Ohio Attorney General Mike DeWine (R) and former Consumer Financial Protection Bureau Director Richard Cordray (D) will face off this November for control of the governor’s mansion in the key swing state of Ohio. NBC, Fox News and the Associated Press projected the candidates would win their nominations at around 8:30 p.m. Tuesday night.
Both candidates had the backing of their respective party’s establishments, and fended off challenges from insurgent candidates that tapped into energy from the fringes.
Democrats in the key swing state feared for months that former Cleveland mayor and firebrand congressman Dennis Kucinich — who has dismissed Russian meddling in the 2016 election, praised President Donald Trump, and aligned himself with pro-Assad Syrian groups — would win the Democratic primary only to lose the general election.
But Cordray, who had the backing of the popular Sen. Elizabeth Warren (D-MA) and several major labor unions, dominated across Ohio, even in Kucinich’s home of Cuyahoga county. Kucinich had the backing of Bernie Sanders’ OurRevolution organization, though notably no endorsement from Sanders himself, and campaign on promises to enact universal health care and legalize marijuana.
DeWine, a familiar face in Ohio politics for decades, also fended off a challenge from Lt. Gov. Mary Taylor, who ran to his right on immigration and health care, vowing to entirely repeal Ohio’s Medicaid expansion that hundreds of thousands in the state depend on.
National Democratic groups have identified the Ohio governor’s race as one of their top target races for 2018, and have already spent millions on digital and TV ads. When news broke Tuesday night of Cordray winning the nomination, the Democratic Governor’s Association said they were confident they could flip the seat blue in November.
“Rich Cordray and Betty Sutton are the right ticket to win back Ohio,” said DGA Chairman Jay Inslee. “Rich Cordray has spent his life fighting for consumers and middle-class families against powerful interests, and that’s how he’s going to govern.”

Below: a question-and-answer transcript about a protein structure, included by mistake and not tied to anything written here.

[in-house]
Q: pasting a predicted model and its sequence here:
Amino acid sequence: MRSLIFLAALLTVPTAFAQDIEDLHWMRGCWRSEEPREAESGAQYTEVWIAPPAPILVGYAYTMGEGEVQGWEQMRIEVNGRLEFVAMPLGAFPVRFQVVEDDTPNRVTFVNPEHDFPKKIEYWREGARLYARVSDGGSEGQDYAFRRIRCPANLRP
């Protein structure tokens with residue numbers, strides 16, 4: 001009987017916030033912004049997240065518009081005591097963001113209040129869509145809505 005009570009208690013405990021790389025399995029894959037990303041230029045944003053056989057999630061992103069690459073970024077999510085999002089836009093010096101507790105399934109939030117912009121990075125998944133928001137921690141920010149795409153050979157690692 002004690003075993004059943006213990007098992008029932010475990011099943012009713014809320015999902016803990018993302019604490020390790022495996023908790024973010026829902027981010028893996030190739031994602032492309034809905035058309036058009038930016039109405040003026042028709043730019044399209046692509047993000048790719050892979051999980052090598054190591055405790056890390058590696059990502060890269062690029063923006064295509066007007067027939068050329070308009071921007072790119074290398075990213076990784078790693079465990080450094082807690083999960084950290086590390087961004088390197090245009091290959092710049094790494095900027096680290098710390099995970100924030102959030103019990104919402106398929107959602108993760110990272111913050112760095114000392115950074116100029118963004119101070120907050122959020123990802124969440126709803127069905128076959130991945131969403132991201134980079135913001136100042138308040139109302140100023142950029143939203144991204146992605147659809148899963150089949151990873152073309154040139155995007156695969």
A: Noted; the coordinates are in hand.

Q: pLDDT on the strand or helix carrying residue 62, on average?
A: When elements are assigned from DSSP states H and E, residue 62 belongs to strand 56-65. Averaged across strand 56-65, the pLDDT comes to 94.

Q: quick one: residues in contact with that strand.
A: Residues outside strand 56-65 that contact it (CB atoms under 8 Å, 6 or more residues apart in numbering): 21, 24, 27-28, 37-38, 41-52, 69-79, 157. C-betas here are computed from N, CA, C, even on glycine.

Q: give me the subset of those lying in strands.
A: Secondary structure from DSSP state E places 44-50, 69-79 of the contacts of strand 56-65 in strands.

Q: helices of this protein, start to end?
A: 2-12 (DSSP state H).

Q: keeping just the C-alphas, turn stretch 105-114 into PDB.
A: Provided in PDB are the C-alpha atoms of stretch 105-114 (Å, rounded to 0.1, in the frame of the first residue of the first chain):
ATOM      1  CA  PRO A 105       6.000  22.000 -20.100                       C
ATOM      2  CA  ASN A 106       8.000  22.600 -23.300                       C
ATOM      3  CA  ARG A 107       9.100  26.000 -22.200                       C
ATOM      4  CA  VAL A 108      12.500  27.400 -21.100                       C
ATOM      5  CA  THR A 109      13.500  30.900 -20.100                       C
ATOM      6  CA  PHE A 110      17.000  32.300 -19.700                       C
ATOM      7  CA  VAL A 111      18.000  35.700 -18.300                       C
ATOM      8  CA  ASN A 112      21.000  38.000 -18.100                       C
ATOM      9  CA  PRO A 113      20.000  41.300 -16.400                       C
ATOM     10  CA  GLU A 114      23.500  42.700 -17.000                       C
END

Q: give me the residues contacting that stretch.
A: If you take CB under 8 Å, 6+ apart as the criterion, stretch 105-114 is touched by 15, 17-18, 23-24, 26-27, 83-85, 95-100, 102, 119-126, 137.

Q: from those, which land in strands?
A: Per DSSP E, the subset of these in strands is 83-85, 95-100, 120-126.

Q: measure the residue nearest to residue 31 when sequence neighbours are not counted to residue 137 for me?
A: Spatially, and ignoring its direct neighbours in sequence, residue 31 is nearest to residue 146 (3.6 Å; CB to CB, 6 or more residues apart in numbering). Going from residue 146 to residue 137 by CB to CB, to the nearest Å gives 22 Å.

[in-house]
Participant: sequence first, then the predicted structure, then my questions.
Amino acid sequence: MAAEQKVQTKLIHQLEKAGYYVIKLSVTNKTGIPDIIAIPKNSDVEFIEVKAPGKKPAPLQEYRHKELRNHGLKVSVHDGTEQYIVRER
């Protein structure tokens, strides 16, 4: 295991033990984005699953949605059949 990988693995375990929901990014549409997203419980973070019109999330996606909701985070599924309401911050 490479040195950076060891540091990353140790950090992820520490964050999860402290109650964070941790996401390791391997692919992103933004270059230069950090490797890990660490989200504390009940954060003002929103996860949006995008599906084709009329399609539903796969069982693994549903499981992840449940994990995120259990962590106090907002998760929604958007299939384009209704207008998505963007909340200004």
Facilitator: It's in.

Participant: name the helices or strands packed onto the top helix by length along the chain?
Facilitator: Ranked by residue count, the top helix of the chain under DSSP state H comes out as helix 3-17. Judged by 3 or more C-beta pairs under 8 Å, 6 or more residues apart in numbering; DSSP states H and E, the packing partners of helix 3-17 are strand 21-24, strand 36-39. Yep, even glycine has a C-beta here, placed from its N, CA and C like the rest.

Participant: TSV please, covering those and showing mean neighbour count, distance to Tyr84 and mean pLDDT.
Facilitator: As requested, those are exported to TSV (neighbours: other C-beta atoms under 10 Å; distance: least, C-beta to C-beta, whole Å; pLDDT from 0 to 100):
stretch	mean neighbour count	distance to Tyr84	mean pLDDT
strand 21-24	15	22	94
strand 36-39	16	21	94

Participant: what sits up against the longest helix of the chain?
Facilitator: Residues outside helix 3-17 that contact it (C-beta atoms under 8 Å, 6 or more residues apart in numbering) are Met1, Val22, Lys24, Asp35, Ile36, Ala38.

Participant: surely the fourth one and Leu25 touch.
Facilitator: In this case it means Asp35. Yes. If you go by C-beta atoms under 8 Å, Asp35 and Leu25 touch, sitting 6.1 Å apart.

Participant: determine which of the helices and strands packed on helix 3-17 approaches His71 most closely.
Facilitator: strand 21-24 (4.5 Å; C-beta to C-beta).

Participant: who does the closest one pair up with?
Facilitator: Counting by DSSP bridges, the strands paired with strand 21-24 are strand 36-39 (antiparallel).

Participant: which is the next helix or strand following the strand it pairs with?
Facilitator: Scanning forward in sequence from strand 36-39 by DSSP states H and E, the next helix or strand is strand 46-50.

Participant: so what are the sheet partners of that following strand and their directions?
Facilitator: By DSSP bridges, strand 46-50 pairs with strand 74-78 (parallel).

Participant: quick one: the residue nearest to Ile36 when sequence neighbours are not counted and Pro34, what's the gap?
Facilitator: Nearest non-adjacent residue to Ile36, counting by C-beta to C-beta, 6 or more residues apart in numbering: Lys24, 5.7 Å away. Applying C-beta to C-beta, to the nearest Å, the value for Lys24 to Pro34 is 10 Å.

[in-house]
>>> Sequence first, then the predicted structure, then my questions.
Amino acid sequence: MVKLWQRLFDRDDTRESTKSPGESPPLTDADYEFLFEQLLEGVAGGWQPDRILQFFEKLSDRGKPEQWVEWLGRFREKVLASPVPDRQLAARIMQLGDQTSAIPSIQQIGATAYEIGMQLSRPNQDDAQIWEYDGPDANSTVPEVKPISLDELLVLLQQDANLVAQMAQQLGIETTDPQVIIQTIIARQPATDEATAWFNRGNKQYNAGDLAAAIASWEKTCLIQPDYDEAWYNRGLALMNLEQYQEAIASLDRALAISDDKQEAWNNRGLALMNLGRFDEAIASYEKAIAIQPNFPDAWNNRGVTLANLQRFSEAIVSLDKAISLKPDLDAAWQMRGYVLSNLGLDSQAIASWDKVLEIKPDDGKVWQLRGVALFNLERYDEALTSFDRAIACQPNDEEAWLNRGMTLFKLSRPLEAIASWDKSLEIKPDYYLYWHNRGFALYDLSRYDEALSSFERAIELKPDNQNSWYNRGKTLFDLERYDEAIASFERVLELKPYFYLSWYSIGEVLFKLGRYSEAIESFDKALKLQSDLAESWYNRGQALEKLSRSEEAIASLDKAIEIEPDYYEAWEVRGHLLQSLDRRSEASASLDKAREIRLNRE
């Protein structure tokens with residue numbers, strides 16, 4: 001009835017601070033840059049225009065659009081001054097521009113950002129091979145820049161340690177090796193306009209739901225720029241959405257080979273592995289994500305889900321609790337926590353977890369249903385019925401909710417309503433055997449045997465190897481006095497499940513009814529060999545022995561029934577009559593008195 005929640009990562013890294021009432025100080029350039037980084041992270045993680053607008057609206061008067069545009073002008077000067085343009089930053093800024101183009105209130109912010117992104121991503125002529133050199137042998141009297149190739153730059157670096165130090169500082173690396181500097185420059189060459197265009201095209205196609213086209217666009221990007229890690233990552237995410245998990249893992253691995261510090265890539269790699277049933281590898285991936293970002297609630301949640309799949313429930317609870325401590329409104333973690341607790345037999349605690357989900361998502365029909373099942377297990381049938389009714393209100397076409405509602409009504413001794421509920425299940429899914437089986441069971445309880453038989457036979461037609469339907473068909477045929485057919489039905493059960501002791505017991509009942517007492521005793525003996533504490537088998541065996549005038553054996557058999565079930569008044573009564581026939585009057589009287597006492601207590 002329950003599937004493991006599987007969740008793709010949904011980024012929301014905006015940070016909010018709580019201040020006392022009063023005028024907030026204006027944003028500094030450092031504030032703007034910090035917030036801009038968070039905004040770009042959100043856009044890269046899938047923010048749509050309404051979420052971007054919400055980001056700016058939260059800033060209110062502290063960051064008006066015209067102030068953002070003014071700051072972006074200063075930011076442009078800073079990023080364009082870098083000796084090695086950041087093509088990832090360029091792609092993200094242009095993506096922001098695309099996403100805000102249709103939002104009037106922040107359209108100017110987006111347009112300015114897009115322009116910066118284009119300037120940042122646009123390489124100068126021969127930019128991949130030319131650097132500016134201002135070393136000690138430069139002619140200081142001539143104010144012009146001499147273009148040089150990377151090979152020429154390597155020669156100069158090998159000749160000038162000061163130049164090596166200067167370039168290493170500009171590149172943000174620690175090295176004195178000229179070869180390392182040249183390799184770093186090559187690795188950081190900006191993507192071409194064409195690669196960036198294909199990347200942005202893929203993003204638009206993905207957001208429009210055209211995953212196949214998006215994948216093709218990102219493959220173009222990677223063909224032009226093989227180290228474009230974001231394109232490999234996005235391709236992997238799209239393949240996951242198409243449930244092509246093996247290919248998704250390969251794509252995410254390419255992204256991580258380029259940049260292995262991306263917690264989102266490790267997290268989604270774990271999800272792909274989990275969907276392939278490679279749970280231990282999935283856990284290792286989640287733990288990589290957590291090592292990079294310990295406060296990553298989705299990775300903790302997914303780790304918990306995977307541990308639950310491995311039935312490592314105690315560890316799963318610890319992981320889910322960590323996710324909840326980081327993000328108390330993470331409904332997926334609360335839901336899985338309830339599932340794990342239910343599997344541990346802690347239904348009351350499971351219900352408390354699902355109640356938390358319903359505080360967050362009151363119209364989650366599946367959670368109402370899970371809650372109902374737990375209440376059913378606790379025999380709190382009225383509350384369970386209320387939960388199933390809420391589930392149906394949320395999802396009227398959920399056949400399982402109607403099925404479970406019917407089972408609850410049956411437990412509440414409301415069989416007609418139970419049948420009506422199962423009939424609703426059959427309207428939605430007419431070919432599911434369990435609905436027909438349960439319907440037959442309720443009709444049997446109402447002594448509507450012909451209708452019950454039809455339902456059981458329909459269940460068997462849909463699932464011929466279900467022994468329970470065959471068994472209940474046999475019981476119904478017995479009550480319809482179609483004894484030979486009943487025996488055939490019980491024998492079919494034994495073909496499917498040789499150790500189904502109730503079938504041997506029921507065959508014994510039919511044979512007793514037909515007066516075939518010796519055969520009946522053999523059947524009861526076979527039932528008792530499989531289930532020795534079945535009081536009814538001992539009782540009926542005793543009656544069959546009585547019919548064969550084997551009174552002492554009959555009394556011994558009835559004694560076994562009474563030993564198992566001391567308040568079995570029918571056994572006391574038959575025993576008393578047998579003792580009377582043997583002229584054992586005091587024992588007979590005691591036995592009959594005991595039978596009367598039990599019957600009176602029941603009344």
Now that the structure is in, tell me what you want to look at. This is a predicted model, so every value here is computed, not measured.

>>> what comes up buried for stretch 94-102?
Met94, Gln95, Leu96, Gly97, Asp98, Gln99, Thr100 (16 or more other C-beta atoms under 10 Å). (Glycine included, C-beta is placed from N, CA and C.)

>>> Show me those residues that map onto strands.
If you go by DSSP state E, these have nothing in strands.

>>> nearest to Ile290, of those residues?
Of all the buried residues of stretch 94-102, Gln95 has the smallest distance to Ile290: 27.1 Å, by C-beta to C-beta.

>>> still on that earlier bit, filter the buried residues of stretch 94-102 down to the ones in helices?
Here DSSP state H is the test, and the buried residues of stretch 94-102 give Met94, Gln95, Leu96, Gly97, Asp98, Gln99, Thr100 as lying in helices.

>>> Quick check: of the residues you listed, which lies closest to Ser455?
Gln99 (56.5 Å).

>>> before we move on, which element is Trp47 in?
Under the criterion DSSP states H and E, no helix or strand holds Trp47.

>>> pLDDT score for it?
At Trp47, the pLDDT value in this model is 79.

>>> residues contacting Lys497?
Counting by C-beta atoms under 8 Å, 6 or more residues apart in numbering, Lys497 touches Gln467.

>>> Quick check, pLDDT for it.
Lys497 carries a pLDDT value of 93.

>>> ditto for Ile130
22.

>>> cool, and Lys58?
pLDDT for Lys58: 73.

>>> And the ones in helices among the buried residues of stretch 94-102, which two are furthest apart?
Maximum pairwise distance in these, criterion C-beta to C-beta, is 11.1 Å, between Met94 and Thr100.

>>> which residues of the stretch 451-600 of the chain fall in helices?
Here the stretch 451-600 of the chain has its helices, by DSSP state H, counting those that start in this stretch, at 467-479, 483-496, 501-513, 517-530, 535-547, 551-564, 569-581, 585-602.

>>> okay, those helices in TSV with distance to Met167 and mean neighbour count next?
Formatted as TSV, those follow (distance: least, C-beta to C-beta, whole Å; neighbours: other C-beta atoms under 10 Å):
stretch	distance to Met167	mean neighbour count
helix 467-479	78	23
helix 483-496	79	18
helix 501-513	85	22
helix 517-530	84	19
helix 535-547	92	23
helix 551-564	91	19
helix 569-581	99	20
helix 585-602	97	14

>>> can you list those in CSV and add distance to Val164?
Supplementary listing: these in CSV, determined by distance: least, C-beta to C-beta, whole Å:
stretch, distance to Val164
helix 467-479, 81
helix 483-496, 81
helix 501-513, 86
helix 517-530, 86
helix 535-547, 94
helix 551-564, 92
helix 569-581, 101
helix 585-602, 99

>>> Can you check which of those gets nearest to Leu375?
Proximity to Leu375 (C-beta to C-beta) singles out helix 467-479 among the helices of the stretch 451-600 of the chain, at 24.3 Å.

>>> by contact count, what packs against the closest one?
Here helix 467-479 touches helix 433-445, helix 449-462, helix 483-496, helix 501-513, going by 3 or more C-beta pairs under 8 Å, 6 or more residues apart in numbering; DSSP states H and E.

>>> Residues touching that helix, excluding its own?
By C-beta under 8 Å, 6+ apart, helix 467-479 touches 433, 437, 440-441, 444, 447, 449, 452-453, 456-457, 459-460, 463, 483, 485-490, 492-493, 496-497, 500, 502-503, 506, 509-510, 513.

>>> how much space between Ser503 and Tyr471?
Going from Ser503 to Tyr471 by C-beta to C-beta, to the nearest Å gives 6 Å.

However, putting a damper on hopes for a so-called “blue wave” this November in a state that backed Trump in 2016, many more Republican voters participated in the gubernatorial primary than Democratic voters. With nearly 90 percent of voting precincts counted as of 11 p.m., more than 160,000 more GOP voters than Democrats had cast a ballot.
In the battle for one of Ohio’s Senate seats, Rep. Jim Renacci rode to a somewhat narrow victory Tuesday night with an endorsement from President Donald Trump, and will go on to face Democratic Sen. Sherrod Brown, who has held the seat since 2006, in November’s general election. The Associated Press called the rate about 9:30 p.m.
Party nominees emerged from a number of Ohio House races as well. In Ohio’s 16th district, the seat that Renacci is vacating to run for Senate, former Ohio State football player Anthony Gonzalez clinched the GOP nomination, besting Christina Hagan, who ran as pro-Trump Republican with the help of ex-White House communications director Anthony Scaramucci. And in Ohio’s 12th district, vacated by the retirement of Rep. Pat Tiberi (R), Republicans narrowly avoided nominating a controversial Tea Party candidate who state party leaders feared could cost them the seat in November.
An anti-gerrymandering ballot initiative on the Ohio primary ballot also coasted to easy passage early Tuesday evening, with more than 75 percent of voters in favor as of 8:30 p.m. The measure will give the minority party more power in redrawing the heavily-gerrymandered state’s voting maps after the 2020 census, potentially upending political control of the state for years to come.